Stations of the Fork
A tour of restaurants in the Holy Land
Last month, just before Passover, I escorted six journalists on a culinary quest through Israel. For six days, we met with food writers, chefs, and ordinary people, touring colorful markets overflowing with fresh spices and pomegranates so ripe you wanted to bite into them, asking the question: Is there a genuine Israeli cuisine? Israeli cooking revolves around dietary laws and the native foods of the Middle East. It’s also touched by the globalism of this polyglot country. Israel’s cuisine is in transition and has three iterations: everyday food, traditional food served on the Sabbath and holidays, and what I call dress-up food, which is found in restaurants and on chefs’ TV shows, expanding continuously with the introduction of items from all over the world. It is mostly humble food, often prepared imaginatively, brusquely, with what one chef called “Israel’s brazenness.”
Israel’s restaurant scene has changed dramatically in the past 20 years, as is evidenced by the large number of high-caliber eateries run by thirtysomething chefs. When I lived in Israel in the 1970s, it was almost blasphemous to think about food as a pleasure; it was merely sustenance, and the only kinds of restaurants anyone but tourists could afford were cafés and falafel and hummus joints. “Years ago, it was kind of a shame to eat good food in Israel,” said Israel Aharoni, 59, a chef with a single black braid down his back and an eponymous popular television show. “Immigrants had just come here with hardly anything on and were struggling for their survival,” he continued. “When my generation started traveling after military service, we saw the rest of the world was having fun. We saw that food was not just for fueling your body. Revolutions come from young people. Slowly, slowly it happened in Israel.”
Our group started in Tel Aviv, a city fueled by creativity in high tech and the arts, and lately, in cuisine. Our first stop was at Cordelia’s (Yefet 30, Jaffa, 03-5184668) nestled down an arched alley near the clock tower in Jaffa. Run by chef-owner Nir Zook, 33, this restaurant sits in a 1,000-year-old stone crusader house and has an artsy atmosphere thanks to mismatched candelabras and chandeliers, which reflected light down the long table at which we ate a Sabbath dinner. With goat cheese fresh from Zook’s brothers’ farm in Emek Ha-Ela, the valley where David slew Goliath, and wine from Tzora and other local vintners, the unusual meal combined recipes for gefilte fish and chicken soup with matzo balls that Zook gleaned from his mother with his own specialty of a grape-leaf-and-garlic dip, made with newly plucked leaves, that resulted in a fabulous Middle Eastern spicy pesto.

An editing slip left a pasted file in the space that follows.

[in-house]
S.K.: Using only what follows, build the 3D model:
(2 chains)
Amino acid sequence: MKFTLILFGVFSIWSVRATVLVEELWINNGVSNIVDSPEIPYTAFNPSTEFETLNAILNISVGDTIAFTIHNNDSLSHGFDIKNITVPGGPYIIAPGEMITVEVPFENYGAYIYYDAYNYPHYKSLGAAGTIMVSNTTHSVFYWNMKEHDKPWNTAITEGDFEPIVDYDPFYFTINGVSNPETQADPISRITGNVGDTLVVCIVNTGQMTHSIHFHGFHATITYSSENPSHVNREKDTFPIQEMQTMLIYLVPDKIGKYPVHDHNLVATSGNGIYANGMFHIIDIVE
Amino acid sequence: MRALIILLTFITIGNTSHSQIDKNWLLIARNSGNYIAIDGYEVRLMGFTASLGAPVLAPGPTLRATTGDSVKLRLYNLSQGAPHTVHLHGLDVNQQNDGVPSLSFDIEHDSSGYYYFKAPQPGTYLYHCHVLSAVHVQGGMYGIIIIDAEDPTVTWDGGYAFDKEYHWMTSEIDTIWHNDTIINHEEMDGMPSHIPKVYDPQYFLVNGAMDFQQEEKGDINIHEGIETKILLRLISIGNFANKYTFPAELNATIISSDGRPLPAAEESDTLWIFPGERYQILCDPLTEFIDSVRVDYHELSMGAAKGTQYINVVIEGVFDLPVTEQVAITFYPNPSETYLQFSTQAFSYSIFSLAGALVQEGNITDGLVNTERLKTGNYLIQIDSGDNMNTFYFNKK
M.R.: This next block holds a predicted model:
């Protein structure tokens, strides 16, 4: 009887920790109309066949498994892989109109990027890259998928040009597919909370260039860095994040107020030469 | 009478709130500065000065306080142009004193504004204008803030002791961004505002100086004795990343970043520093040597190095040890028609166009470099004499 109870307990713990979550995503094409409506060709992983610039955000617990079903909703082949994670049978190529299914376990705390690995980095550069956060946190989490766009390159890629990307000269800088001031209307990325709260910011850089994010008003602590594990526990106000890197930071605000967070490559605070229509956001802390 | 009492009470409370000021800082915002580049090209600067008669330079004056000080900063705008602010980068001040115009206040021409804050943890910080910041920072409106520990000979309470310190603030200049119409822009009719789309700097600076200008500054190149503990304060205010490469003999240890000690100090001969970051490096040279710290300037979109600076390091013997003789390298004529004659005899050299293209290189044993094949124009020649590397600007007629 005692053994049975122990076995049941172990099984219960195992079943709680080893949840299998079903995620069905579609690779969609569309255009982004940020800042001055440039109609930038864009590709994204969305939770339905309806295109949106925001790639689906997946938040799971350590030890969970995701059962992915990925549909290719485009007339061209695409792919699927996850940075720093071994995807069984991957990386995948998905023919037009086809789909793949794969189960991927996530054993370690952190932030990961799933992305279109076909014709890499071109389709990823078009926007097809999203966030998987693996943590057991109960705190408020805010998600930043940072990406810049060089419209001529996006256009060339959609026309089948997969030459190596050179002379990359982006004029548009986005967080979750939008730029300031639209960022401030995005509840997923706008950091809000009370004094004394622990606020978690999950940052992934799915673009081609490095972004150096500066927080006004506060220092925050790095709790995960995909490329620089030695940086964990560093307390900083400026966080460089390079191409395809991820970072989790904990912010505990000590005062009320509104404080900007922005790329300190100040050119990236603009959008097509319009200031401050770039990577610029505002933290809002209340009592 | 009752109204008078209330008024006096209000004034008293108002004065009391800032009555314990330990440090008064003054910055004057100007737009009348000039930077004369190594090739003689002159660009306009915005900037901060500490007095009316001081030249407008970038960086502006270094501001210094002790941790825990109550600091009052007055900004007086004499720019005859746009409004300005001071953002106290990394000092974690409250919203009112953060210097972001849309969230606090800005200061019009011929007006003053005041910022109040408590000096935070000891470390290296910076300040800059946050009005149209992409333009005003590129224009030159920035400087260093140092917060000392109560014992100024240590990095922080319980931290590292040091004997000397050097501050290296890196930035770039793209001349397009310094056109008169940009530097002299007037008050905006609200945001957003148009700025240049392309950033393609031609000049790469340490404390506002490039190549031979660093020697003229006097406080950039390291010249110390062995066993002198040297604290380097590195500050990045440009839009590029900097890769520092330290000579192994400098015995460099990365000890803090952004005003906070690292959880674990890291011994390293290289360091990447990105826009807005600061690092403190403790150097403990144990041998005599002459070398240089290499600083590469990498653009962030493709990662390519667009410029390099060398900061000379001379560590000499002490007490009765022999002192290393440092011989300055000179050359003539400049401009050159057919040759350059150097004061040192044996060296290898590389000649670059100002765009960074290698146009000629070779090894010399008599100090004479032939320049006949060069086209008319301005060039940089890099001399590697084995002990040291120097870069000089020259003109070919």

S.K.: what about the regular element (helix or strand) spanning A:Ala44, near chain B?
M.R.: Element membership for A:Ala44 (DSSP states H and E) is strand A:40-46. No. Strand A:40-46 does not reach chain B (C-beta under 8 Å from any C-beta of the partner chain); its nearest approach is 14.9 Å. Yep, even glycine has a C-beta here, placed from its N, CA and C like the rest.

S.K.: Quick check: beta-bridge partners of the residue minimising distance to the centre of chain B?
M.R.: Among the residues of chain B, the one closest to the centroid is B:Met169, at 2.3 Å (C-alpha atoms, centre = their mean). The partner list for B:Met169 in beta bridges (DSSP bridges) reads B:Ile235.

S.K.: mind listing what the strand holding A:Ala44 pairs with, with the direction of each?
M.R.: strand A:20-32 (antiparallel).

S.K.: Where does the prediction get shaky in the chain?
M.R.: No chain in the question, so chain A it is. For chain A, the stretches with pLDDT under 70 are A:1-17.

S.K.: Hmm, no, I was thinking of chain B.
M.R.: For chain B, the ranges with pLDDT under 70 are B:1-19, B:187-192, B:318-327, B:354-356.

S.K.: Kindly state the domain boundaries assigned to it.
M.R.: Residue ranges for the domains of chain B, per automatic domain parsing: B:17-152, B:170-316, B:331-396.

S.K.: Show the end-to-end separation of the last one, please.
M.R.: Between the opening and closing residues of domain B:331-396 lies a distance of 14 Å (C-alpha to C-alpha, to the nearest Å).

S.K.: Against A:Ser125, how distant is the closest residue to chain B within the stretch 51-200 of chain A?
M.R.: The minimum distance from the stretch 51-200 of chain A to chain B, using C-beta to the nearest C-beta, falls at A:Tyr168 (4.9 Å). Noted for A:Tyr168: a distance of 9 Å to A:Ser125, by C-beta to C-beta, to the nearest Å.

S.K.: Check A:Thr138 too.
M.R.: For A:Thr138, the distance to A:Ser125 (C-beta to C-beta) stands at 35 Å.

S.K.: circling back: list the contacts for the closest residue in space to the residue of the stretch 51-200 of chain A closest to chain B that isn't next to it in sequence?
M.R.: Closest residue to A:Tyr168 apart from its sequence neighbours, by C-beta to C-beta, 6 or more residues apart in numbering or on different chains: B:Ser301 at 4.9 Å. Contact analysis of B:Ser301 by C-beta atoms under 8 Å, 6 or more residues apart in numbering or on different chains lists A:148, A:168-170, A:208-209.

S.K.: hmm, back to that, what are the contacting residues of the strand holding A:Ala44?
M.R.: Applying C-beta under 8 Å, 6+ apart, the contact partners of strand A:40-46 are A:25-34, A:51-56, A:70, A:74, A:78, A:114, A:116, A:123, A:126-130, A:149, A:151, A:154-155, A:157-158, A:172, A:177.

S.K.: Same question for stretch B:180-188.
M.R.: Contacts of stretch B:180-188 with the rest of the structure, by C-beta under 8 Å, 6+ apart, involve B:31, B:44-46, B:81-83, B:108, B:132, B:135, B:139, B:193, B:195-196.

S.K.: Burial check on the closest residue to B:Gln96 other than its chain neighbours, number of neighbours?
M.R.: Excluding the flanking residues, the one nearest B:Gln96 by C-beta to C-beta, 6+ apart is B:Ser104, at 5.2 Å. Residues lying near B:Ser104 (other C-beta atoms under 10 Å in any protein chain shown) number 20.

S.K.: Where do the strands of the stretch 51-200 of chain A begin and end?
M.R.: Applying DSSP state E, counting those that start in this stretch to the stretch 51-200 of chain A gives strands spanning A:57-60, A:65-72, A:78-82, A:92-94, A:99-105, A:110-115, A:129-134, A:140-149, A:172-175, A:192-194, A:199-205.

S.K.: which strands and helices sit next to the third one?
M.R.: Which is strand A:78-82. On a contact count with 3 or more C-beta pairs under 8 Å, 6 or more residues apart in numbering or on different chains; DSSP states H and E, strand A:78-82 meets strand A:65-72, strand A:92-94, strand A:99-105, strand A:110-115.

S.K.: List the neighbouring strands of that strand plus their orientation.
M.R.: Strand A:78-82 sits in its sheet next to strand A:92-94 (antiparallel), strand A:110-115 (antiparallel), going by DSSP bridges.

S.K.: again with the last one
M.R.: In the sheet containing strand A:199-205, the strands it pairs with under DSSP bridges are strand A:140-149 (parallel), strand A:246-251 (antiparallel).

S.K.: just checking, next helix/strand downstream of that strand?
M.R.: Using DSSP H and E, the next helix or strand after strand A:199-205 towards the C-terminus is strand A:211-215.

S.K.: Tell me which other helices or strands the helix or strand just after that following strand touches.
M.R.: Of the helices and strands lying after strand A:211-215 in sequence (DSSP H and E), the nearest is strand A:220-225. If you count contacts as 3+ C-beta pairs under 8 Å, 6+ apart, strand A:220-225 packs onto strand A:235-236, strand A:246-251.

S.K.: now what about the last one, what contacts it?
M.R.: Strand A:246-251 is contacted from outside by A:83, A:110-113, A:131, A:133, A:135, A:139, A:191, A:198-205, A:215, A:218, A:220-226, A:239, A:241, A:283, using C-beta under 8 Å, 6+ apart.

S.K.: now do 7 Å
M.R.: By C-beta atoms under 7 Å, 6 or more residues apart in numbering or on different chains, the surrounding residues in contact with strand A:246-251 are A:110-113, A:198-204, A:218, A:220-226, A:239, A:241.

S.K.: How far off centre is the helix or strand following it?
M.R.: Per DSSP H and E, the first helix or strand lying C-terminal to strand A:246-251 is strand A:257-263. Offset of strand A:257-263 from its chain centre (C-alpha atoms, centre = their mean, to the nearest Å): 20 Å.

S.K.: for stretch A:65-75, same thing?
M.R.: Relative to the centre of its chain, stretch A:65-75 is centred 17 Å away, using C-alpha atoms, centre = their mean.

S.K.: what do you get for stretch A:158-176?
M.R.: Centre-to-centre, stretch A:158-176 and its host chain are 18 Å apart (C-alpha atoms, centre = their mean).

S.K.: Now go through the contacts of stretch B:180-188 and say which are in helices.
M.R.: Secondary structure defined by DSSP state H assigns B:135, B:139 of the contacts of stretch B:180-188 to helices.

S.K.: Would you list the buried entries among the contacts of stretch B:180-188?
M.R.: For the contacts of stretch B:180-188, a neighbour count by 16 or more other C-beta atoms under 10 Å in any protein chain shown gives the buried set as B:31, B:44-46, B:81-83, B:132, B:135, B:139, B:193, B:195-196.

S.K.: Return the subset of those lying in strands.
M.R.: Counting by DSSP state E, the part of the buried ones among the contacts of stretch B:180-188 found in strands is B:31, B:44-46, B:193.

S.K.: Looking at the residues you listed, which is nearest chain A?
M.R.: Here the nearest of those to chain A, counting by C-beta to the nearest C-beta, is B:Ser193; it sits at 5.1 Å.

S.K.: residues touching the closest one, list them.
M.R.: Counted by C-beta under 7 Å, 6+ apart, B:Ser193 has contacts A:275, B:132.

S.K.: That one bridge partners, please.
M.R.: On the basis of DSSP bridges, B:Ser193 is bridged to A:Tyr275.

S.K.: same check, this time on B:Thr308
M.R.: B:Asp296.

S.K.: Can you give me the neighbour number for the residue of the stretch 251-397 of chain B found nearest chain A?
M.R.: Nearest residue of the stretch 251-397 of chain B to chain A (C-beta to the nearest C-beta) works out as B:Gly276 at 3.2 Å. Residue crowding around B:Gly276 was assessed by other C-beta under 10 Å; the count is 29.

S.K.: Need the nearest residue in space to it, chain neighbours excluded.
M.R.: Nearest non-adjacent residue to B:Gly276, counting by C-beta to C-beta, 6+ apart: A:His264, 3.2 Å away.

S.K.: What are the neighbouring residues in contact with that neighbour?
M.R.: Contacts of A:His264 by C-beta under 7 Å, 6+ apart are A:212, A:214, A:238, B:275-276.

The next evening, I wanted to find a shipudia, a simple grilled skewered meat place. Our cab driver suggested we go to Haj Kahil (Yefet 93, Jaffa, 03-6581211), an Israeli-Arab restaurant in Jaffa. As we approached the entrance, with a sign in Hebrew, Arabic, and English, we saw groups of Jews and Arabs sitting outside on the patio. I asked the Arab manager about the mezuzah on the door. It was there for Jewish customers who touch it for good luck, he told me. We ordered a colorful array of mezze—one I especially liked was boiled and grilled cauliflower covered by a tahina sauce. As good as it was, the prize there was the laffa, the thin flat bread slapped to the sides of the taboon (a clay, cone-shaped, wood-burning oven) as well as the grilled pieces of fresh foie gras, somewhat unusual in a spot better known for its lamb skewers. The foie gras we ate that night came from Hungary, as Israel, once the world’s fourth-largest foie gras producer, banned its production in 2003.